In a study, a group of testers was given three samples of wine. They were told each sample came from different bottles: a high-end, luxury wine, a moderately-priced wine, and a low-cost, “budget” wine. 

Each tester was asked to rank the three wines blindly. And the group as a whole overwhelmingly ranked the luxury wine as the best of the three. 

What these testers did not know was that all three wines were the same. 

What does this have to do with real estate? 

It’s all about perceived value. 

Same wine, different expectations

All samples came from the same bottle. But when testers were told they came from three different bottles—one luxury, one middle-grade, and one cheap—they declared the wine from the highest-priced bottle to be the best. 

When we have three options, and one of those has a higher price than the other two, that higher-priced item stands out. We find ourselves already believing it must be the best option. That’s the power of perceived value. 

The same goes for our business. How do we position ourselves in our market to stand out? 

We don’t want to be in the middle. We don’t want to be the same as everyone else. If the cost of doing business with us is roughly the same as the competition, we’re going to blend in. 

Standing out means going to one extreme or the other. 

How low can you go?

Agents who position themselves as the cheapest option put themselves out of commission. 

If you’re the lowest-price agent, you have to be the absolute lowest to stand out. That’s the only way to stand out at the low end. It’s a high-stakes race to the bottom. And once you’re there, clients expect you to be mediocre at best. 

If that weren’t bad enough, being the cheapest option makes you invisible to clients who prioritize quality over cost savings. Consumers put more value on services they pay for. And when you’re the cheapest there is, you might as well be free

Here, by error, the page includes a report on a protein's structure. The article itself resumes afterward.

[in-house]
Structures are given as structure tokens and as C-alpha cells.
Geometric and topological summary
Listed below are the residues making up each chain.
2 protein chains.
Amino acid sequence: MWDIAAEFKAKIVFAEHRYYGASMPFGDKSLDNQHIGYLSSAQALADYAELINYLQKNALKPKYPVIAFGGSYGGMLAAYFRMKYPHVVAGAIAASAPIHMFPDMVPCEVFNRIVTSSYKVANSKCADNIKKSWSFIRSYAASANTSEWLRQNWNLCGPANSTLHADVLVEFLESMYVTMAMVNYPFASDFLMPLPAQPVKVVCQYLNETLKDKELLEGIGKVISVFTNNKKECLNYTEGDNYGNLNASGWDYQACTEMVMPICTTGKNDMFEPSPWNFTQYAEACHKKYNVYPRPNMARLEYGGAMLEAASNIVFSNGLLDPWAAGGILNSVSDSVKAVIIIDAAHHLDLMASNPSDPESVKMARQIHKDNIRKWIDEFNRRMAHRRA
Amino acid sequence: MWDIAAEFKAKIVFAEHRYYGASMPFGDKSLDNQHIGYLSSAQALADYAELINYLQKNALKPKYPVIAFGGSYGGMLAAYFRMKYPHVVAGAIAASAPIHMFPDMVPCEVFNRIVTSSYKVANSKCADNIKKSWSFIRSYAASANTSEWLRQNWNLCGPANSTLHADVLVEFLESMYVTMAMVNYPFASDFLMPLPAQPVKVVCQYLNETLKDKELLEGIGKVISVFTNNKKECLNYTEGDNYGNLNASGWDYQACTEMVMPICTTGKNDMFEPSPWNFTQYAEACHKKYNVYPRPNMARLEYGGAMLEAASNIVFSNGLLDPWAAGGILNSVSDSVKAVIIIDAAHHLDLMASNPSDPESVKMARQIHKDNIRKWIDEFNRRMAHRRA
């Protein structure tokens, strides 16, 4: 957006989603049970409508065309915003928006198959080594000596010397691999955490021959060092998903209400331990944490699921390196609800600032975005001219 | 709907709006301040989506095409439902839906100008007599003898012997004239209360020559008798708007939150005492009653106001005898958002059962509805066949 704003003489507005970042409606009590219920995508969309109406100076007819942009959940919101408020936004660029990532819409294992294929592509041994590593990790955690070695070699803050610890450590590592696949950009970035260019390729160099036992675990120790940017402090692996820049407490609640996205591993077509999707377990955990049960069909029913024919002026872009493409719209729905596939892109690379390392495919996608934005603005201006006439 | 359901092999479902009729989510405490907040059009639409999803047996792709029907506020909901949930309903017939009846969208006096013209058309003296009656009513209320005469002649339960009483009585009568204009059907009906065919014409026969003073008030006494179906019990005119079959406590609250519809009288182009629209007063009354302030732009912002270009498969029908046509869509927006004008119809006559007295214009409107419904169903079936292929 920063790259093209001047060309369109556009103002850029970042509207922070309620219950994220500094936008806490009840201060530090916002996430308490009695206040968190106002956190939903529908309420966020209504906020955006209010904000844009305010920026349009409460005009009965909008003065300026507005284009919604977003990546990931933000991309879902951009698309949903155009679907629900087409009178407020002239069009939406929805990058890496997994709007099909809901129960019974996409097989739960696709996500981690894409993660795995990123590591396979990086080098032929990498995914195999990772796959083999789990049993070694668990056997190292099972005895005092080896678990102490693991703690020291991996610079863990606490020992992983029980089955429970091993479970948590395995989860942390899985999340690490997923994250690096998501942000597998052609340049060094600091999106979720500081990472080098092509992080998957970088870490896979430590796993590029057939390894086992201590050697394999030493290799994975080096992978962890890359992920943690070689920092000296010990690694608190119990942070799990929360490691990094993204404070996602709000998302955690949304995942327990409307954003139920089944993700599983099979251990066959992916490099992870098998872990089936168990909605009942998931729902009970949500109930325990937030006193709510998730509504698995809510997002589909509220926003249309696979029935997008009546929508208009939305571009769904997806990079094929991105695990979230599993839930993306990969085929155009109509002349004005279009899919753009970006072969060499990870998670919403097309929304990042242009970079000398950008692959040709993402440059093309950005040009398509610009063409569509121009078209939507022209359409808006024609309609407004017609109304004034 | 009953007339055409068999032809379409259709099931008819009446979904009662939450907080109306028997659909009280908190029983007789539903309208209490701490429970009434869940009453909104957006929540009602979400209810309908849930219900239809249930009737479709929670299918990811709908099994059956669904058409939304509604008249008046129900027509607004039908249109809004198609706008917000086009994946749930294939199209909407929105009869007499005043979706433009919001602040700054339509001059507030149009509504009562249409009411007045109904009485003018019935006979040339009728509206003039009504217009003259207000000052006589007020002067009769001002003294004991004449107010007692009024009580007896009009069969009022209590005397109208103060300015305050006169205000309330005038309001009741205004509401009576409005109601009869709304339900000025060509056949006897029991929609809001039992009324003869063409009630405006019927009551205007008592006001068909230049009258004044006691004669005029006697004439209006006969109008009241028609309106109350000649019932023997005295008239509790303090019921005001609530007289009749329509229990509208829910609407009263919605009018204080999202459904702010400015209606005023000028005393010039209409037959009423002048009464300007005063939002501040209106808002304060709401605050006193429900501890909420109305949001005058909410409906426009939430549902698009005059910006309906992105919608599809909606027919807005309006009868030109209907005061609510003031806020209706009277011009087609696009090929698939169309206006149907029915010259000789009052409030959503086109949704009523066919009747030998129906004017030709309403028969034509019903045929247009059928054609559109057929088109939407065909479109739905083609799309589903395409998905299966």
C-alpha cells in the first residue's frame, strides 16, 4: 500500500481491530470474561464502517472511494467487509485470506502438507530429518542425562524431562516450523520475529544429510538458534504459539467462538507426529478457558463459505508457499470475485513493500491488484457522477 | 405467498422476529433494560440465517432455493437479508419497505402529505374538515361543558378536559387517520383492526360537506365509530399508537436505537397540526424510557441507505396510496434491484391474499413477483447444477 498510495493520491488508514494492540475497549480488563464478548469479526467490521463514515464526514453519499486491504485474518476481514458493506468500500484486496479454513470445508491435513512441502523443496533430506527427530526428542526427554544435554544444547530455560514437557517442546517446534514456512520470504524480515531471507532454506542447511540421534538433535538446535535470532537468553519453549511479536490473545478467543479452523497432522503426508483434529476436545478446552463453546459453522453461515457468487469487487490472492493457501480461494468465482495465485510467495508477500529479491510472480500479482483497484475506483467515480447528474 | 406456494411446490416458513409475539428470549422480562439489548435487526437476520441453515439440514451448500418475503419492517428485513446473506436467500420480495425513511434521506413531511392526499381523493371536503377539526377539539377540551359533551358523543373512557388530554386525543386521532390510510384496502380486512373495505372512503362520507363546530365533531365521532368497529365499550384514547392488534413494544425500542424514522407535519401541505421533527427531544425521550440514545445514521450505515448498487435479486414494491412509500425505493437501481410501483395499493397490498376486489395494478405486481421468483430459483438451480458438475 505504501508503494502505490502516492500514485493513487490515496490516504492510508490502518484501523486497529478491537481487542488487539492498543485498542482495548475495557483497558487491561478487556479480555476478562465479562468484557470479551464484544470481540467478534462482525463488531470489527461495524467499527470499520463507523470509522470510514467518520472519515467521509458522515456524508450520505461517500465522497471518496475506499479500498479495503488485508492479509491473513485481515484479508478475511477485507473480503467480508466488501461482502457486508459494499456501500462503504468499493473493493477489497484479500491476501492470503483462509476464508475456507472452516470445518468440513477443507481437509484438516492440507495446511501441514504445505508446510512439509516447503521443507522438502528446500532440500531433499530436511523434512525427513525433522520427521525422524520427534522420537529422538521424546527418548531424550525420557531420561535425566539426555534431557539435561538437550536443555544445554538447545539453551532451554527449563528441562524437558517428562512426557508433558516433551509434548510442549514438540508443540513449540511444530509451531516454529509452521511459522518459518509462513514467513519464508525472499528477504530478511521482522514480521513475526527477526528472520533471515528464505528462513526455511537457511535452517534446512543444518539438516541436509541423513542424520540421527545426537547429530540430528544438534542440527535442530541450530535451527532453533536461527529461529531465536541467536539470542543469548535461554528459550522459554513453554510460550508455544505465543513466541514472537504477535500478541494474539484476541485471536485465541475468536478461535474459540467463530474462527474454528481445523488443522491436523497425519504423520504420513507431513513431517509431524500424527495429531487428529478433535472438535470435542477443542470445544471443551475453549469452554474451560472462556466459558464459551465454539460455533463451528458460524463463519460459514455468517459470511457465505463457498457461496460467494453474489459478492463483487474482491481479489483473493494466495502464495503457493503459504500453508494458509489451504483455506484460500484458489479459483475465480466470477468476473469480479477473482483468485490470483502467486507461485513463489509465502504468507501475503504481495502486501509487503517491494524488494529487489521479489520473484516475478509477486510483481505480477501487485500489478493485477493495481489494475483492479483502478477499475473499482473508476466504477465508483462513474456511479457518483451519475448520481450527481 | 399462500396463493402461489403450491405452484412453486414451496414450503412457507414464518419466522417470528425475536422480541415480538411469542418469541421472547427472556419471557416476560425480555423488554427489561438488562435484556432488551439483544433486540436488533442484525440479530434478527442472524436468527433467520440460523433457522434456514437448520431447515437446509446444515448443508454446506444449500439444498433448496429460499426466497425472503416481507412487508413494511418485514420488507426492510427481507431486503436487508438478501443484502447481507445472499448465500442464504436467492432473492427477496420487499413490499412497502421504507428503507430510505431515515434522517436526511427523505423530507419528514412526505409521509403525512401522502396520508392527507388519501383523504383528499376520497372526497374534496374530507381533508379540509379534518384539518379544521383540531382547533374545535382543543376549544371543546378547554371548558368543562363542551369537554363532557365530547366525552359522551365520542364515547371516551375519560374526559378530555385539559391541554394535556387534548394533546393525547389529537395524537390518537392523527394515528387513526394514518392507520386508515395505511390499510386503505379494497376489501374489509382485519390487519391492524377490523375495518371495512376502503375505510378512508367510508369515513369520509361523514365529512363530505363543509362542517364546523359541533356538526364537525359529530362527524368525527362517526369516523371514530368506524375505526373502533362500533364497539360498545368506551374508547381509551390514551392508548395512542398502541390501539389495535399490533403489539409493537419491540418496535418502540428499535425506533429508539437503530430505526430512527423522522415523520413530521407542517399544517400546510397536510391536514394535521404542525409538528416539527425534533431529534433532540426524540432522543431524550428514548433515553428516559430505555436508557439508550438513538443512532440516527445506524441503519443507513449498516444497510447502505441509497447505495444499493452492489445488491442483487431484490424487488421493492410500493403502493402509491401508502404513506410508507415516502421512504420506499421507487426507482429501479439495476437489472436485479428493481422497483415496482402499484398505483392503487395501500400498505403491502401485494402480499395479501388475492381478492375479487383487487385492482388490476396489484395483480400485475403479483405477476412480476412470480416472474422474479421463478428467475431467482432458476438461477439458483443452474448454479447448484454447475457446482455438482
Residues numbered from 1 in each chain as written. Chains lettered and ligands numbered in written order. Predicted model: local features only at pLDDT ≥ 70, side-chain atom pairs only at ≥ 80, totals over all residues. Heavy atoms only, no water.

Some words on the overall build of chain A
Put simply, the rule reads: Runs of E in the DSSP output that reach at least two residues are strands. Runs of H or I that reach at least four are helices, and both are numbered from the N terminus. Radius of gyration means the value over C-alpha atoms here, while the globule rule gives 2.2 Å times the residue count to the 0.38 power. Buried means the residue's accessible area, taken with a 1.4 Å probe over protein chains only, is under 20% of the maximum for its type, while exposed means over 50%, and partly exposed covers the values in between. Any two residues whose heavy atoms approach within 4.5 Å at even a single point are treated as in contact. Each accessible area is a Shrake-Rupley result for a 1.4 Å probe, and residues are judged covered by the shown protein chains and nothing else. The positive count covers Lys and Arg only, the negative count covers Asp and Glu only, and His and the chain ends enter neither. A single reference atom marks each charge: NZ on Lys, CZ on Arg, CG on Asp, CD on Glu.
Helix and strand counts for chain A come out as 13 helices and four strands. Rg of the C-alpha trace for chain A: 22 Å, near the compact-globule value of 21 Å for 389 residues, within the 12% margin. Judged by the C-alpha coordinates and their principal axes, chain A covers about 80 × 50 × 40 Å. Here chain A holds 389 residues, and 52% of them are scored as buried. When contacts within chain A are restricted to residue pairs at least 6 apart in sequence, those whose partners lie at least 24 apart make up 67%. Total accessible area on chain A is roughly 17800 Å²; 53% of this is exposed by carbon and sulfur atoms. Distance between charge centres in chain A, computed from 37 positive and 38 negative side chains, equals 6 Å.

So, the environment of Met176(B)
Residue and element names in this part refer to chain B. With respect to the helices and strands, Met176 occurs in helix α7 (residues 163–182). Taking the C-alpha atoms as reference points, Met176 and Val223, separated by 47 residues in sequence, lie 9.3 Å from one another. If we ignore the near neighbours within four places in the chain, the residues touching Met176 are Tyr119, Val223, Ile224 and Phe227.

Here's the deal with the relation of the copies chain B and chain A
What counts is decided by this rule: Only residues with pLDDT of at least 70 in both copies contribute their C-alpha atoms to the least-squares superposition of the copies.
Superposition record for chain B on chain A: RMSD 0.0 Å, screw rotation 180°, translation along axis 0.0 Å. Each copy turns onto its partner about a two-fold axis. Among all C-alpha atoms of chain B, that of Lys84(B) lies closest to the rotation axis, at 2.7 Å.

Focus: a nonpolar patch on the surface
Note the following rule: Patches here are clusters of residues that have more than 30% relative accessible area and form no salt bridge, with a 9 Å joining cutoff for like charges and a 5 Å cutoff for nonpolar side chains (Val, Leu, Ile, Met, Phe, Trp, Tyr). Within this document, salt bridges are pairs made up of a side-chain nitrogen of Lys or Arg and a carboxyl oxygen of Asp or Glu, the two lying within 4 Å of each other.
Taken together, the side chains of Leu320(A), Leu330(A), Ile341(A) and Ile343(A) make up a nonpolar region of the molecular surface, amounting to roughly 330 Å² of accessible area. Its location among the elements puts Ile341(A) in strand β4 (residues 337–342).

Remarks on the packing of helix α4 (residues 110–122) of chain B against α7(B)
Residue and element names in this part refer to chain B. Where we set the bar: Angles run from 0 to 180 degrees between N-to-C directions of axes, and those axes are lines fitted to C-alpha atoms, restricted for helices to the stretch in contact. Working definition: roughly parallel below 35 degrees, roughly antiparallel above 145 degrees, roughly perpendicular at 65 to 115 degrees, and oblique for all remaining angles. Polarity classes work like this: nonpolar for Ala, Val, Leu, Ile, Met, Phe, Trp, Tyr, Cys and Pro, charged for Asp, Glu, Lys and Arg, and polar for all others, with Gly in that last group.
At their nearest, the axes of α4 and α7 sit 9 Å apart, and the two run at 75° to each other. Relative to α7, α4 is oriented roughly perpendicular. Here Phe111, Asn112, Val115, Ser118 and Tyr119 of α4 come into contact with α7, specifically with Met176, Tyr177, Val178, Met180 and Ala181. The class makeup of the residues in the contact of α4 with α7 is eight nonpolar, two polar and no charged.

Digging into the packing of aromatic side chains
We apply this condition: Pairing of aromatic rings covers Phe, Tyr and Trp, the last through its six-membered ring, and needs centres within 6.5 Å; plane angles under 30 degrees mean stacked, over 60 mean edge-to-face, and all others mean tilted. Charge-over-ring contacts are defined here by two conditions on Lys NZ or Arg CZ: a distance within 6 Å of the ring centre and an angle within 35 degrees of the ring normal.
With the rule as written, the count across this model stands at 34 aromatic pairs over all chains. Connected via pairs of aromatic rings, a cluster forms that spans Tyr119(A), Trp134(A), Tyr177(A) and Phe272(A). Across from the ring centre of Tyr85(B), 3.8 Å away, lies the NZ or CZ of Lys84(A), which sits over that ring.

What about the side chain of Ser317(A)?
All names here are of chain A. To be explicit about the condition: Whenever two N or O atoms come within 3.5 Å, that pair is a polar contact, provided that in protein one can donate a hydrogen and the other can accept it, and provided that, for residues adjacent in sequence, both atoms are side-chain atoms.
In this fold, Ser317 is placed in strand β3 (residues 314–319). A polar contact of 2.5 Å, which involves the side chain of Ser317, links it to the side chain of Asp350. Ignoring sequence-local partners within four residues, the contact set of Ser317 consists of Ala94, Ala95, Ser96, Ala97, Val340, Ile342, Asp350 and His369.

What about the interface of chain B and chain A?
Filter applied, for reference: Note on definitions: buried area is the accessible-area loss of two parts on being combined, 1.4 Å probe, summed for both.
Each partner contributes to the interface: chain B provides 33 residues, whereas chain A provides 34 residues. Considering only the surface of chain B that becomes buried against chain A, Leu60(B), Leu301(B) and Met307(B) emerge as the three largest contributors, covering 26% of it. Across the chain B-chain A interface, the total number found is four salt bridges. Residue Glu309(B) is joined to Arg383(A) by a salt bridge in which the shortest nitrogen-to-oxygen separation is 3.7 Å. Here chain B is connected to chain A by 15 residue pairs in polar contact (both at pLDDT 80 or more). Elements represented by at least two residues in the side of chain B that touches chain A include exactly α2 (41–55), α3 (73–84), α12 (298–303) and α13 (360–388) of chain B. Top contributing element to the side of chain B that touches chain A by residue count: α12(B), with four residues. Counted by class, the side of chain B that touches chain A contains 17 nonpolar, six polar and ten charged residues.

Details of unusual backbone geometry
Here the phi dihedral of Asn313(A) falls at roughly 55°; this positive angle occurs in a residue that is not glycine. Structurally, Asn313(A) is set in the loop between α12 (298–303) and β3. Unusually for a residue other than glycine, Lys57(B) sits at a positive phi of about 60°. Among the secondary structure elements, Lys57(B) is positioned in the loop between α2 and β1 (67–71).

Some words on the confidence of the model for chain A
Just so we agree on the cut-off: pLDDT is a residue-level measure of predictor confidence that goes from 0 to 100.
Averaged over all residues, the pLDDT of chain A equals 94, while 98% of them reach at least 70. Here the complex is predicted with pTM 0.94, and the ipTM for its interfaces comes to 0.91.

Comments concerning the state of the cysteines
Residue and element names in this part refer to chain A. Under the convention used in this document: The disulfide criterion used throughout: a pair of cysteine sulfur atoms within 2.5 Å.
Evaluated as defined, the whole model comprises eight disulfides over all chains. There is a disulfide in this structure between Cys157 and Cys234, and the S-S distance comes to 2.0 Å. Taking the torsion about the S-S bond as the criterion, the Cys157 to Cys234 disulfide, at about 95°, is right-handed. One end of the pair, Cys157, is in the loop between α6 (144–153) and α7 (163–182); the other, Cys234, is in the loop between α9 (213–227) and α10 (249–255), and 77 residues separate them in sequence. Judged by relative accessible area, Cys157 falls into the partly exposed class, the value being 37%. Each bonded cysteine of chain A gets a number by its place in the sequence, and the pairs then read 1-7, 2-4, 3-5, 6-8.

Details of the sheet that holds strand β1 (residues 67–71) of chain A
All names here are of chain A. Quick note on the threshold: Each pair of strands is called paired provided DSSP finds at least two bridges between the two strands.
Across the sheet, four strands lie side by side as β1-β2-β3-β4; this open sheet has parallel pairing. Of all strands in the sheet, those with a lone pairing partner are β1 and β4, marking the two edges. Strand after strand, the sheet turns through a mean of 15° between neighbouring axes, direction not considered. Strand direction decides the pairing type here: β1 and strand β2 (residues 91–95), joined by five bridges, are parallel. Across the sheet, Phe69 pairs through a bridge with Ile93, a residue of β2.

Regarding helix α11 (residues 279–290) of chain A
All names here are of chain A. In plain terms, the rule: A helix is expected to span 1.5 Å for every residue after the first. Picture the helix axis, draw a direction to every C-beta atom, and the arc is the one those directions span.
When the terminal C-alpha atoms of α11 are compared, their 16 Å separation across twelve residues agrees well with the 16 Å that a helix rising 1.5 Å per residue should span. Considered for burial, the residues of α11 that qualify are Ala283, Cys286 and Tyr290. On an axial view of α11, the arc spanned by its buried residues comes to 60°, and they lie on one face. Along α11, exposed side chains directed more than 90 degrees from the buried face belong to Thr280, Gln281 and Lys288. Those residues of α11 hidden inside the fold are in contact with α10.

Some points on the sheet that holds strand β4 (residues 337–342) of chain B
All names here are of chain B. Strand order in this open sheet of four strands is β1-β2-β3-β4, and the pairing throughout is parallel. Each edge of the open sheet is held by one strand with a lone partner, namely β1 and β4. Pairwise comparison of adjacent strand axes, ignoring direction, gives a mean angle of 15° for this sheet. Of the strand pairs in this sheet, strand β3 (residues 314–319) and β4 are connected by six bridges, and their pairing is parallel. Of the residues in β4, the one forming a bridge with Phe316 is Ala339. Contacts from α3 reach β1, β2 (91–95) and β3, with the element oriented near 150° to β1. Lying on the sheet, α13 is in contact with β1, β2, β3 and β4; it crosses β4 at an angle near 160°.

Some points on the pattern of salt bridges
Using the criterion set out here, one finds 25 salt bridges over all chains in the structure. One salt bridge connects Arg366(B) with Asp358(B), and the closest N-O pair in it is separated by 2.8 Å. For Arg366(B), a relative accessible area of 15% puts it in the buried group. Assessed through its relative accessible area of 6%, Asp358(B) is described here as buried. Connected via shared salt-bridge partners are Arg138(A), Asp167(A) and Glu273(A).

What to do when a prospect wants to negotiate a lower rate?

If you’re an agent who charges anything north of the bare minimum, you may have had prospective clients ask you to lower your commission rate using one of the following arguments: 

  • “I talked to another agent willing to work for __%.”
  • “I don’t know if I can afford that. Can you go any lower?”
  • “Maybe I’ll just hire my cousin. They’re new, but their rate is half what you’re asking.” 

Tom Toole had a great response to objections like this in a recent episode of the Over Ask Podcast

A lot of agents will do just anything they can to take a listing. So, how many homes has that agent sold?… Tell me what kind of marketing plan they had or what their sales track record looks like. In a lot of cases, the home will sell itself. The question is, are you leaving money on the table or not?

What I know is our team’s listings sell for 8% more than the average agent in our marketplace because we have a documented pre-launch plan to make sure we get people interested. And we’re seeing tons of clients leave money on the table when they go with these discount brokers because they don’t have the training, they don’t have a marketing plan, they just don’t know what to do to get people competing for the home…

Tom Toole

Why would you charge an average rate when you know you can deliver more value than the average agent in your market? If you excel in your work, your rate should reflect that. 

The price alone sets you apart

People naturally gravitate toward luxury brands. For some, it’s FOMO. They wonder what they’ll miss out on if they go with the middle-priced or lowest-priced option—maybe because those are the only ones they’ve tried so far. 

Who doesn’t wonder, if they’ve only ever drunk cheap wine or bottom-shelf whiskey, what the luxury label wine or top-shelf whiskey tastes like? Or what’s the difference between a pair of off-the-rack dress pants at JC Penney and a tailored pair from a high-end clothing store? 

For others, the high-end price point is the only one they’ll consider. Going cheaper, for them, is more expensive in the long run. 

Whatever the reason, consumers see the highest-priced product or service as the one most likely to bring the highest value. So, if you’re the agent with the highest commission, they’re already imagining how you’ll stand out from the agents asking less. 

What’s your value?

How are you positioning yourself or your product? Are you just like everyone else at the middle? Are you trying to appeal to consumers looking for the cheapest agent they can find? 

Or are you reaching for the top and saying, Yes, I am worthy of that luxury price tag”? 

Positioning yourself at the top doesn’t give you permission to render mediocre service at a higher price point. Always provide the kind of service you would expect to receive at the price you’re setting. 

If you’re priced above and beyond the competition, your product or service should soar along with it.